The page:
Much like Uber, Lyft institutes demand-based pricing during the busiest hours. Unlike Uber, Lyft caps premiumsat 400 percent.If that still sounds too rich for your blood, Lyft offers a carpooling service called Lyft Line, which lets you split fares betweenpassengers if you opt for a larger private car. You’ll ultimately be able to hail a self-driving car from Lyft.

Download it now from:

iTunesGoogle Play

Gett

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Gett, the Israel-based ridesharing app formerly known as GetTaxi, has a user base that pales in comparison to Uber and Lyft — it covers more than 120 cities globally, but only has a U.S. presence in New York City right now though its partner Juno. The two have plans to expand into other cities and states in the not-too-distant future. Gett is appreciably more reasonable when it comes to pricing, though, and the service never charges a premium during busy hours.

Gett gets away with it bypayingdrivers a competitive hourly wage rather than a percentage of every fare, like Uber and Lyft. The company passes those savings on to riders. In Manhattan, Gett caps fares between Houston Street and 72nd street at $10 plus tax and tip.

Download it now from:

iTunesGoogle Play

Juno

Juno is a relative newcomer to the ridesharing industry. The app was founded by Talmon Marco, a serial entrepreneur who made his fortune selling messaging app Viber for almost a billion dollars, and functions as a driving service that prioritizes fair compensation for drivers. The company takes a 10-percent commission out of fares — Uber, in comparison, takes around 30 percent of fares — and will eventually provide long-term drivers with restricted stock units (RSUs) so that they’ll own a piece of the company.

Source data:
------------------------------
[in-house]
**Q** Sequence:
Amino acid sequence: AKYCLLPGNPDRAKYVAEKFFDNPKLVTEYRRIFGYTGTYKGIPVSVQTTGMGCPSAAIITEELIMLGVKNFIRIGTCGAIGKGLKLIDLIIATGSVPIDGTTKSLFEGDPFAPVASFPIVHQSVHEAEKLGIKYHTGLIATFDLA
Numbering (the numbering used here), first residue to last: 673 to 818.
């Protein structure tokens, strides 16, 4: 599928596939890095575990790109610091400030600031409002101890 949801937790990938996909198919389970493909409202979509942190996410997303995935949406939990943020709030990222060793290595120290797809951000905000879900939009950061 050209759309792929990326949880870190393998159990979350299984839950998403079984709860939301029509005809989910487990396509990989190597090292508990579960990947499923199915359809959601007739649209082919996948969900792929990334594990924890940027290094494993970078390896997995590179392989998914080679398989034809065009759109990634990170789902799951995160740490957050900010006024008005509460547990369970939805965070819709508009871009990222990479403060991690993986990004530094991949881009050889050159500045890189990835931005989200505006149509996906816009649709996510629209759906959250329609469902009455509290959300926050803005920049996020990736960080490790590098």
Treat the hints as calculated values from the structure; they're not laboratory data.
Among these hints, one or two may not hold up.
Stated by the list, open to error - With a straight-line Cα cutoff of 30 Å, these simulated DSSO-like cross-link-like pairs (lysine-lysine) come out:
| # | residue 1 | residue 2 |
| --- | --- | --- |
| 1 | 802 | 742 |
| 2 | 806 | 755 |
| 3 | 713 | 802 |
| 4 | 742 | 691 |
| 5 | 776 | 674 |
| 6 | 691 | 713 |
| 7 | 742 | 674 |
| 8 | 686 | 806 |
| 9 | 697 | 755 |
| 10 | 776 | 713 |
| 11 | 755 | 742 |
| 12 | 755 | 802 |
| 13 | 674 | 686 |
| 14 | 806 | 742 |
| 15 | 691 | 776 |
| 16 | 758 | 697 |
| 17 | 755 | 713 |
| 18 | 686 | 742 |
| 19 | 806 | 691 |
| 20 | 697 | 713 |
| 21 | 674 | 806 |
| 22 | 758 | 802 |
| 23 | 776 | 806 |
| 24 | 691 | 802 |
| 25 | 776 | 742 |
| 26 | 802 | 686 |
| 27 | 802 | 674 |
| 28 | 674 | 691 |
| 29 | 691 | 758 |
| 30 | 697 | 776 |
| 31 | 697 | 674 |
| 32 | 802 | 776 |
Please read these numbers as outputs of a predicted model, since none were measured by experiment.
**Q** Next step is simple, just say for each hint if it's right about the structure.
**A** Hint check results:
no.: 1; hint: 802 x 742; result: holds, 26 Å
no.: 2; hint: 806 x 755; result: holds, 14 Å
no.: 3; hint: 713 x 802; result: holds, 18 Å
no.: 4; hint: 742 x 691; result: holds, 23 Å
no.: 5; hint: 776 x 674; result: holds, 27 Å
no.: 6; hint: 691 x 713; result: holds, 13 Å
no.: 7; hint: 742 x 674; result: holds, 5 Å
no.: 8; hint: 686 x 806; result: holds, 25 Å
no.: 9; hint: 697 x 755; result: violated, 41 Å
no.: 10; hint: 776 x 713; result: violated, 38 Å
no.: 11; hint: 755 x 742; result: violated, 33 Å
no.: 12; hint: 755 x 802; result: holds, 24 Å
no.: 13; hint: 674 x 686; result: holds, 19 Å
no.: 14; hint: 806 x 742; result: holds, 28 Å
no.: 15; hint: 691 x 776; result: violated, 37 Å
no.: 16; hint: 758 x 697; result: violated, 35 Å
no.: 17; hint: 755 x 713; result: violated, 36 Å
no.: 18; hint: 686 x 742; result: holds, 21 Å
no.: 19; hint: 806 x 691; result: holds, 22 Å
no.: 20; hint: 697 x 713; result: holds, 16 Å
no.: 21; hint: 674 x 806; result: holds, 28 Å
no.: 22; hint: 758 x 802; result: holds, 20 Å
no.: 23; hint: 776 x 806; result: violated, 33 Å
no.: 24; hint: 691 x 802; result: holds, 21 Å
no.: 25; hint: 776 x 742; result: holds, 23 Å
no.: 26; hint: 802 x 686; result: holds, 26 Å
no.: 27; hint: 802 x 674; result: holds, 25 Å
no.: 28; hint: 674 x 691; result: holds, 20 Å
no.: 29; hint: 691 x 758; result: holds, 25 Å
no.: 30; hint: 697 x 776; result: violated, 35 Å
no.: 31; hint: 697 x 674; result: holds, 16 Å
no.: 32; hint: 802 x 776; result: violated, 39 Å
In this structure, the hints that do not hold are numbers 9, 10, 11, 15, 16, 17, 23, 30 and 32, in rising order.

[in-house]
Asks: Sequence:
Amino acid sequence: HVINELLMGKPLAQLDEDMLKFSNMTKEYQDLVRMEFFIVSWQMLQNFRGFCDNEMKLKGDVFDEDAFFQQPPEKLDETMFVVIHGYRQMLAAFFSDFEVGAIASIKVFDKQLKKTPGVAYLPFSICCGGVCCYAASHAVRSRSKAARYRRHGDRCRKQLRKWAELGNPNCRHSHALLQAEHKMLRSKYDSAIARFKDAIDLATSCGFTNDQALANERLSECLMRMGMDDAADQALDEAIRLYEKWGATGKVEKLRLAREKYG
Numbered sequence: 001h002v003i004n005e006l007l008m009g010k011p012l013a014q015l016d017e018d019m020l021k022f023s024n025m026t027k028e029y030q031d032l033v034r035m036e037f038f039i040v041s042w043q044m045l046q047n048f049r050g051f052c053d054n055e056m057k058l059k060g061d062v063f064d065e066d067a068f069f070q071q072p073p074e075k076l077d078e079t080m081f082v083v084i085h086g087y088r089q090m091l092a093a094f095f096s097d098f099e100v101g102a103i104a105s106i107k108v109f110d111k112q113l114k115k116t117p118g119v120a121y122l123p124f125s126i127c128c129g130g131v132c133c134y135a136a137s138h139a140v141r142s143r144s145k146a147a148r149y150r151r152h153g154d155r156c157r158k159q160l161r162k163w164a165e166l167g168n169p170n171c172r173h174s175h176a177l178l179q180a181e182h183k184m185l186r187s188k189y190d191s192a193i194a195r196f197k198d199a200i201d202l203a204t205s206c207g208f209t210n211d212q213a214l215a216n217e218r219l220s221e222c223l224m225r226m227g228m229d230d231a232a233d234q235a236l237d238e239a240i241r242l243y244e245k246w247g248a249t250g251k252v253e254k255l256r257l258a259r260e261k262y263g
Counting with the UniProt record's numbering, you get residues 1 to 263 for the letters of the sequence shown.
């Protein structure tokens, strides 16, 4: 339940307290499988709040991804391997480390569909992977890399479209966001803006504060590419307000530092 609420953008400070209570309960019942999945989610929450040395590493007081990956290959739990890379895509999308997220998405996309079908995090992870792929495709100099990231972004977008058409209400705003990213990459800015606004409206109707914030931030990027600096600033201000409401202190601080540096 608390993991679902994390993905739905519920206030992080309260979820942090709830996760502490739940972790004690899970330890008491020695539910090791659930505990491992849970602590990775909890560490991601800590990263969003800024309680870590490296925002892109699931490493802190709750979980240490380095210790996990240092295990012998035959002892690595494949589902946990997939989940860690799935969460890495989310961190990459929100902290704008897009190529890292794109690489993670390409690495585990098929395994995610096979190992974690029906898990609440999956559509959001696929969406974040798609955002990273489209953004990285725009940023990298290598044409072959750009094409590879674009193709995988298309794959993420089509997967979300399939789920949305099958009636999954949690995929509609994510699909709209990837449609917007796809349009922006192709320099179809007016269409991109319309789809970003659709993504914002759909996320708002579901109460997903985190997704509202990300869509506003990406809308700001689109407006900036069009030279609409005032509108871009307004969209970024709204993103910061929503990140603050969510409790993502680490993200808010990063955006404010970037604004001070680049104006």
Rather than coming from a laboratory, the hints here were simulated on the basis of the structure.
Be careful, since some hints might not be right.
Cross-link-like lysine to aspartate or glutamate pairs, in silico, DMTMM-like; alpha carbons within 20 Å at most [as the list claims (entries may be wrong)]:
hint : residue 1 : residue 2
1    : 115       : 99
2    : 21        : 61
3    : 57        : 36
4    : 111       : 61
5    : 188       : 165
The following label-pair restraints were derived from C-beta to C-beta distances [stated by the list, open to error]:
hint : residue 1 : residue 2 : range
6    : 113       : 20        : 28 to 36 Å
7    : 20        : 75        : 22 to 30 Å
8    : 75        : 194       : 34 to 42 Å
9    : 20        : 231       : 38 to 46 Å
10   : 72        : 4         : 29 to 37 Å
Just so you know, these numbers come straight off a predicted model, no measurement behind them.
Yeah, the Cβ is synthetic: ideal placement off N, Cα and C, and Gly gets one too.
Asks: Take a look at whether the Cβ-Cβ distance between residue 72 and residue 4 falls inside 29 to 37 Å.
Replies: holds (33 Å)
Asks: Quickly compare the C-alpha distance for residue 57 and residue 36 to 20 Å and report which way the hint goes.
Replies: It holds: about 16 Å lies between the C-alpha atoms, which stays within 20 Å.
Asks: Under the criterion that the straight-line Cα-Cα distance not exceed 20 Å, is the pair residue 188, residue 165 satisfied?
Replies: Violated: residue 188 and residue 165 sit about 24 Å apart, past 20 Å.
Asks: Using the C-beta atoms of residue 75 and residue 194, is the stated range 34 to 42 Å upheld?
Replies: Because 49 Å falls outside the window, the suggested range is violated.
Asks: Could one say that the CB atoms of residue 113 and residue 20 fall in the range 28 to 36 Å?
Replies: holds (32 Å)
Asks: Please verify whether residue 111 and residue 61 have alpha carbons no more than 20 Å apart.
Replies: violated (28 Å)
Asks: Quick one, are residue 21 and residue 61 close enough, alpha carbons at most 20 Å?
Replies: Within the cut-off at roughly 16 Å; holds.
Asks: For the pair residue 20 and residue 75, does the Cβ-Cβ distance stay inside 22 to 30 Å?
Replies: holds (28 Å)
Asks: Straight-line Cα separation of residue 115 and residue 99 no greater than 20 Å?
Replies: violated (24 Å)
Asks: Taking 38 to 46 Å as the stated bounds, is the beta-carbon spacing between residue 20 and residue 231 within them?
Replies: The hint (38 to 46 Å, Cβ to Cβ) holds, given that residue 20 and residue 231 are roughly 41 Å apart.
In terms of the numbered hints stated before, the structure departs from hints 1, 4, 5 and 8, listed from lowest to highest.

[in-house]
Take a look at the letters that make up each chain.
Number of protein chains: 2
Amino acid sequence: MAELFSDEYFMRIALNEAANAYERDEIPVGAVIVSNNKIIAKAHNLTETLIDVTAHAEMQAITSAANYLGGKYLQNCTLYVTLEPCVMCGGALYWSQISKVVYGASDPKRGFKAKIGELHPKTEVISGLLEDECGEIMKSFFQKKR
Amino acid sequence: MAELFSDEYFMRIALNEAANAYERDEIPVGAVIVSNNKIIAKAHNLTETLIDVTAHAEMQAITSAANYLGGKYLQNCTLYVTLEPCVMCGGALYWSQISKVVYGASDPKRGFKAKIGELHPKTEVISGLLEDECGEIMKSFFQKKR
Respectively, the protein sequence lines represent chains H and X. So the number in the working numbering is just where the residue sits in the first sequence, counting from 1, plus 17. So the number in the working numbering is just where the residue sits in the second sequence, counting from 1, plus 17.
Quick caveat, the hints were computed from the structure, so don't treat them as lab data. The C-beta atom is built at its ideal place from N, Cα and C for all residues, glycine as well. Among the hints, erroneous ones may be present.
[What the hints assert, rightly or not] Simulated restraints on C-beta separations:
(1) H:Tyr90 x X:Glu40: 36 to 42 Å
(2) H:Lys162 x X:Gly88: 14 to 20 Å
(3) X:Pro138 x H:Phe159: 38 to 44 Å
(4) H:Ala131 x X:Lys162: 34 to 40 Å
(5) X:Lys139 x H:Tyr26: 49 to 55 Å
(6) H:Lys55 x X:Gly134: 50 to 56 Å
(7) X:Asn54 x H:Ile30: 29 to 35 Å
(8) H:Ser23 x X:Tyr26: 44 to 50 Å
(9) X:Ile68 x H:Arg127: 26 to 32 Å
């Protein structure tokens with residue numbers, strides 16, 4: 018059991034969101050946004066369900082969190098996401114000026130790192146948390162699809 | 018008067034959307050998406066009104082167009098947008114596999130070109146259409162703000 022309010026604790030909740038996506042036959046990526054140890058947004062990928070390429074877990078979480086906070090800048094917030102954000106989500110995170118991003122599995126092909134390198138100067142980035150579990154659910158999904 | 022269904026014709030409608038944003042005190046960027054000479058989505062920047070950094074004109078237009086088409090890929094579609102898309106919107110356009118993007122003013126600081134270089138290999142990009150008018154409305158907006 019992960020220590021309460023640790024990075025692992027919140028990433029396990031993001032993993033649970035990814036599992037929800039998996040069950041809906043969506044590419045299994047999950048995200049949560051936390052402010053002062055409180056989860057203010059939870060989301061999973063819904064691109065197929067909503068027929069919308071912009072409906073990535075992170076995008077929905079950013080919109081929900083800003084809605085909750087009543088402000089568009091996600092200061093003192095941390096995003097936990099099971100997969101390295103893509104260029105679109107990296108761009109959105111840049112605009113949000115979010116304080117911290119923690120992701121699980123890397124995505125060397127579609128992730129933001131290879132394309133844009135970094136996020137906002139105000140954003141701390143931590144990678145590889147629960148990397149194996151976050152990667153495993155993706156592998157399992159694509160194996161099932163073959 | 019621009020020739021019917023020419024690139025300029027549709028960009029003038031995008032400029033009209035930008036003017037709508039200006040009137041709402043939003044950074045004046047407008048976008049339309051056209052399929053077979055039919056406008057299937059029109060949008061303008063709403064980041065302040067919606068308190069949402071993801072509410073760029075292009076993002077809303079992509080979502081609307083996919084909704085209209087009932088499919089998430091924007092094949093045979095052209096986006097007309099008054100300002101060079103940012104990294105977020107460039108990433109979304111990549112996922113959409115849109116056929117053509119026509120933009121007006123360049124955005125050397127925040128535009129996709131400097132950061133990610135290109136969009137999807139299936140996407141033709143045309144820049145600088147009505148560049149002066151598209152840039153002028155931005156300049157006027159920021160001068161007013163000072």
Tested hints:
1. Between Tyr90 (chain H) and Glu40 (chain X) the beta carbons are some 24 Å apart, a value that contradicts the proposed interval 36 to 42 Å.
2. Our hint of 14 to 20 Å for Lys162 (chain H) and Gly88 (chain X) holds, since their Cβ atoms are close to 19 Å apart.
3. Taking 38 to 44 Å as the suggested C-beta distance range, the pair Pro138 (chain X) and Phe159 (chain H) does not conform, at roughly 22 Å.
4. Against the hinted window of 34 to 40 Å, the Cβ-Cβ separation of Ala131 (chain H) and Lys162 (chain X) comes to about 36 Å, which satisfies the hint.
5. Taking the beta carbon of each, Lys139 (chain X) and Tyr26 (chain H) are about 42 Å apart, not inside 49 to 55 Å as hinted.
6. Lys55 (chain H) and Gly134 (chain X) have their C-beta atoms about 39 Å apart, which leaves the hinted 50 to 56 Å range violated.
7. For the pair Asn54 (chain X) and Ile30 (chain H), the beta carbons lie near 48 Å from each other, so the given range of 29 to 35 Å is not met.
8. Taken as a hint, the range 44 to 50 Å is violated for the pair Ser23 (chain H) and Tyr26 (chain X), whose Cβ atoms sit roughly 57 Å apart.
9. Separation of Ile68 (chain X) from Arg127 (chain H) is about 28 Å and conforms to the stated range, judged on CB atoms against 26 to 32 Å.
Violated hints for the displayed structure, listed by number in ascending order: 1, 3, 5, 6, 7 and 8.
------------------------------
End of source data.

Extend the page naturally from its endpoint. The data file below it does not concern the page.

It doesn’t ask riders to make any sacrifices, either. Juno rides come in three flavors, quick, stylish and SUV for larger groups. The app also estimates each tier’s fare, provides an ETA, and, when you’re ready to go, hails nearby cars. It’s a little barebones at the moment — it’s still in beta — so it doesn’t have a carpooling component or other features you might find in more established apps. This is a good thing for prospective riders, however, given rides are 30-percent off during this soft-launch period.

Download it now from:

iTunesGoogle Play

Curb

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Curb was briefly shuttered after an acquisition by Verifone Systems, the San Jose, California-based company that operates in-cab entertainment and payment systems. It’s another ridesharing underdog, but one that’s expanding aggressively — the service taps a network of 50,000 taxis and hired cars across over 45 U.S. cities.